• Cadillacs were workhorses back in the day! They were built to last as long as one kept up the maintenance regularly. Here are the Cadillacs I have owned in my lifetime; 1958 Sedan deVille, 1970 DeVille convertible, 1972 Sedan deVille in Persian Aqua. 1973 Coupe deVille in that burnt sienna shade, 1976 Fleetwood Brougham, 1979 DeVille Sedan d’Elegance in Colonial yellow, 1981 Fleetwood Brougham in a grey color, 1982 Fleetwood Brougham in dark blue,1988 Brougham d’Elegance, 1990 Brougham d’Elegance in white, 1993 Fleetwood Brougham in black, 1996 Fleetwood Brougham in dark blue…made the second worst mistake trading my 1996 Brougham for a brand new 1999 DeVille that wasn’t worth the metal it was made out of, and the last cadillac I will ever purchase is a 2002 DeVille that is still in use as my beater. I bought it new and broke it in driving it like a 7 Series. That kept carbon deposits out of the engine. If you drove the 2000-2011 DeVilles like the church lady, they turned to junk going from the showroom to the scrap yard in one svelte swoop.That ’02 runs like a scalded cat! I have always taken it out on the freeway getting the speed up to around 70-75 mph and then I chomp the accelerator pedal. I only burn premium gasoline, never had the injectors cleaned and had its first tune up at 125,000 miles and the tech said I didn’t need it then because of the platinum tipped plugs and me burning 93 octane fuel. Now for the bad news: That 1981 V864 was Fleetwood Brougham d’Crap! OMG! Talking about humiliation…imagine this, it was a beautiful summer day I am out and about in my brand new 1981, with guests…all of a sudden, the car starts doing a “buck-dance” right in front of everyone at a stop light! I was horrified, the car didn’t even have 1,000 miles on it. The problem went away…I thought, then at around 1500 miles the buck-dancing became fierce and unpredictable. It was like Sybil Dorsett! It got to the point where the engine blew at 15,000 miles or so, and that was after numerous visits to the Cadillac dealer service bay! They replaced the engine…I replaced the car! Mistake # 2, I traded it for the 1982 which was A COMPLETE NIGHTMARE! That horrid little HT 4100 was a piece of CRAP, it blew 2 engines, no not a typo…2 new engines while it was still under warranty. In 1983 I traded it for a new Oldsmobile Ninety-Eight Regency Brougham which was one of the best cars I have ever owned. I didn’t go back to Cadillac until 1988 that Brougham had an Olds 5.7 litre V8 which was super. The 1990 was a doll baby, I loved it because of its Oldsmobile V8 (imagine an Oldsmobile powered Fleetwood!), The 1993 and 1996 were just outstanding Cadillacs. I made an HORRID error when I traded the 1996 for that 1999 DeVille which was powered by satan himself! That awful piece of junk was in the dealer’s service bay the first 2 years more than it was in my garage! It was brand new off the dealer’s sales floor…where I should have left it! I went to trade it for my 2002 and the Cadillac dealer wasn’t going to give me hardly anything for it in trade so I bought it back home and let it sit in the garage. That ’99 had a set of Vogue tires, the custom fiberglass fender skirts, and I had the “DeVille” nomenclature removed from the front doors and had the Sedan deVille script from the 1992 model applied to the rear fenders. To look at it, it looked like a million bucks…to drive it was like a living nightmare. It was Cotillion white and polished like a diamond. When I sold it, the guy had to bring a flat bed because the rear wheels had seized…sittin in the garage!!! The engine was ticking like piston slapping…it was Northstar at its absolute worse! I took a gamble on the 2002 DeVille which was also new. She has been one of the best Cadillacs I have ever owned. So I drive it and let my collectible cars mellow out in storage. I never thought I would see the day when I would never own another Cadillac. I forgot the 1976 Firethorne Red Eldorado convertible I bought just for an investment, I got twice what I paid for it…I should have kept it, the car still smelled new, I bought it from an elderly couple who moved to Florida back in the mid 1980s and it only had 25,000 miles on it. Until Cadillac makes another REAL car and stops riding the coat tails of Mercedes-Benz and the 7 Series BMW…I will no longer patronize them. It’s a shame…Cadillac taught the European cars how to become luxury cars and now look at them…remember how primitive a Mercedes-Benz S-Class used to be? Just like the 7 Series BMW it was most austere at one time…now look at them commanding six figures! Will there ever be another “Standard of the World?”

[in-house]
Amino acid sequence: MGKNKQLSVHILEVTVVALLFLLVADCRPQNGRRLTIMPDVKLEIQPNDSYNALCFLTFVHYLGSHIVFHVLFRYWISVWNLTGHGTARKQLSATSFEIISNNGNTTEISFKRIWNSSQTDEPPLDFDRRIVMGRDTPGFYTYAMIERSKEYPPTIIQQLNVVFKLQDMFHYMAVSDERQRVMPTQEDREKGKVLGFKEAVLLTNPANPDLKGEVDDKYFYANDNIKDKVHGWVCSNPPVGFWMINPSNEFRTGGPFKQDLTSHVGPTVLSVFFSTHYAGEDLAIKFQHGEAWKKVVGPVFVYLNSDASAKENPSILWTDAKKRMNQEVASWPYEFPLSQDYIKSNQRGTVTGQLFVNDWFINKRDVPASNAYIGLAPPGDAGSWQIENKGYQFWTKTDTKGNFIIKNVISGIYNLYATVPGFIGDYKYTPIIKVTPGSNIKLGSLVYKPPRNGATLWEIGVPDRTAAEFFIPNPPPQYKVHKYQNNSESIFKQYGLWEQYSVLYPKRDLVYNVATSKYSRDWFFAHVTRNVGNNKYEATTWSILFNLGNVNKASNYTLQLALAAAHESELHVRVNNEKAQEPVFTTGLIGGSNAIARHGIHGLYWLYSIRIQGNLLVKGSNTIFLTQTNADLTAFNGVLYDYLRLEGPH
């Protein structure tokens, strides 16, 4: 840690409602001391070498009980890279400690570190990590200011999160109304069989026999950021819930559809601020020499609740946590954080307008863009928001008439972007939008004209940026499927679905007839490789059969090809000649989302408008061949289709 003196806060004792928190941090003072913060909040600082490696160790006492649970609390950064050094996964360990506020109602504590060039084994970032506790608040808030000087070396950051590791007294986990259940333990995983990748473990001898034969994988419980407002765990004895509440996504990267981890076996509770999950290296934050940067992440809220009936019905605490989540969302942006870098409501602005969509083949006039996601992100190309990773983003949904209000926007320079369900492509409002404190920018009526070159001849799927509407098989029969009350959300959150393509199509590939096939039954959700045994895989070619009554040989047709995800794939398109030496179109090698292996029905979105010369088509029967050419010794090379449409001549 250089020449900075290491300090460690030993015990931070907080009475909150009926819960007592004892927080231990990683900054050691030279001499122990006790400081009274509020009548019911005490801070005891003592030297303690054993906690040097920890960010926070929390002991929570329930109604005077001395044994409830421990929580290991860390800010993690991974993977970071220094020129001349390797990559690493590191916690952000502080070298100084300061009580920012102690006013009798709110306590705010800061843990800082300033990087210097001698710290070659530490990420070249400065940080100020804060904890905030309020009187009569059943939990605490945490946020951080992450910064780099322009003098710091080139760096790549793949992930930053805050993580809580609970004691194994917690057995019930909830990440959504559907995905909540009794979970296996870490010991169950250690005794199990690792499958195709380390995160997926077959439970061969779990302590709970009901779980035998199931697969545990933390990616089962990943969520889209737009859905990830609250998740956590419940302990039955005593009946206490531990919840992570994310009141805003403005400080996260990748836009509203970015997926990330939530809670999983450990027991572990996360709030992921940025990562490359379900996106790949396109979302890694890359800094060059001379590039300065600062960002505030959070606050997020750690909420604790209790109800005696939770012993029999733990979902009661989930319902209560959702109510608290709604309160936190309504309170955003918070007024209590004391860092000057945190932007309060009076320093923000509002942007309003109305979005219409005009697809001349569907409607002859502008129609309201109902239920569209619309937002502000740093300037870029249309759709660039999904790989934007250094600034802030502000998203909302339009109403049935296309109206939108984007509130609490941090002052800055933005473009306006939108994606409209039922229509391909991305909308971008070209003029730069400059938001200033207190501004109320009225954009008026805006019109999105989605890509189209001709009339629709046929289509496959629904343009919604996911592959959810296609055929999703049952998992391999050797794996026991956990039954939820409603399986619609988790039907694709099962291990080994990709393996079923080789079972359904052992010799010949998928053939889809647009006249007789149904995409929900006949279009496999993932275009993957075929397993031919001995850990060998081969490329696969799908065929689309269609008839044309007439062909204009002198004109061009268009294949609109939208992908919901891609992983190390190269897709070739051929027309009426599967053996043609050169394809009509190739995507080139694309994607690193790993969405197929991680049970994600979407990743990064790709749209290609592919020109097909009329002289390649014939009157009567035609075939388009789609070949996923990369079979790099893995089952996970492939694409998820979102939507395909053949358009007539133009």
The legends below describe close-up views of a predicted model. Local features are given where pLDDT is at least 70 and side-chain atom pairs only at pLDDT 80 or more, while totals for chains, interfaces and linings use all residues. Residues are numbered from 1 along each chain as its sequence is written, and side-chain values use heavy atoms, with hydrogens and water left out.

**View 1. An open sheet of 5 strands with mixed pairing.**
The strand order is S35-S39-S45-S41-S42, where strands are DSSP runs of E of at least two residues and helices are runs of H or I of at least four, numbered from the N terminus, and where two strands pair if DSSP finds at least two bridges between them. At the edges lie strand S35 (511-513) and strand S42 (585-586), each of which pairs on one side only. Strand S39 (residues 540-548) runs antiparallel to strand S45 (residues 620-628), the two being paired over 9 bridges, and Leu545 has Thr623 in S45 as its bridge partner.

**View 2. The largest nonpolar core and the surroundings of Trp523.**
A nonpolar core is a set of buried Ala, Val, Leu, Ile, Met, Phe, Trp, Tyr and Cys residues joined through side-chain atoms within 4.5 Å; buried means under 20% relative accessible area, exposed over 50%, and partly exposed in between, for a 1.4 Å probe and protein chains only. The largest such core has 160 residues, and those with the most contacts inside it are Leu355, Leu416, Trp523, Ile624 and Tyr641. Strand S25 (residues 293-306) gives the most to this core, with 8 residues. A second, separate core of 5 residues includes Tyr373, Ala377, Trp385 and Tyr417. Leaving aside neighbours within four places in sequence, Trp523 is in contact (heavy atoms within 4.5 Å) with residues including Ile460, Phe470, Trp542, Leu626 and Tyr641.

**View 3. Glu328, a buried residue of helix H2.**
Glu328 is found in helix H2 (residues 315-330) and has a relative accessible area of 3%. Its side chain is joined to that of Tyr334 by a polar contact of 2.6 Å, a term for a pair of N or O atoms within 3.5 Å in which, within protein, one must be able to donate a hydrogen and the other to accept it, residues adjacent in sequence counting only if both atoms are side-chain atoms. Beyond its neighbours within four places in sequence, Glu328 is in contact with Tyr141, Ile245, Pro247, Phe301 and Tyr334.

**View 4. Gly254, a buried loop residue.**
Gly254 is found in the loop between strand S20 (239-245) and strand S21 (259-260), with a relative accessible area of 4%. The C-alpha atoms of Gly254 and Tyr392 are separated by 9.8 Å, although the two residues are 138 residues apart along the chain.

• Possibly another standard of the world when Cadillac drop making SUV’s and the like. Stick to couples and sedans.
        As a teenager a friend Brian had an old Caddy and had a bright idea that fire insurance would net him some cash. He put a brick on the accelerator and left it. He came back later to find the Caddy had ran out of gas.
        I once had a European spec 1974 280C, a plain car without even a radio! Had the straight 6 with dual overhead cams, dual exhaust and a 4bbl carb. Fast for what it was about 7 seconds to 60mph. The slim bumpers and halogen headlights were particular to European specs, not the unsightly huge rubber bumperettes and round sealed beams.
        Great car but when parts required 3 weeks to ship from Germany it was time to sell.
        Someday I’ll find a 50’s Caddy for my garage but up here in Canada most have turned to rust.
        All I have now are 4 wheel discs off a 75 Caddy de eleganceI had bought to fix up but then decided it was just not worth it, rather fix a 50’s Caddy.
        Also have the front corner light assy’s for it and a few other bits.
        Don’t know why I still have them it’s been years since I had the car.
        After a few moves I can no longer find the winged lady off my 53 Caddy parts car I once had.
        Haven’t had a ride in a 50’s car in years now, a friend has a 56 Lincoln Premiere coup, black with the chrome and gold redone.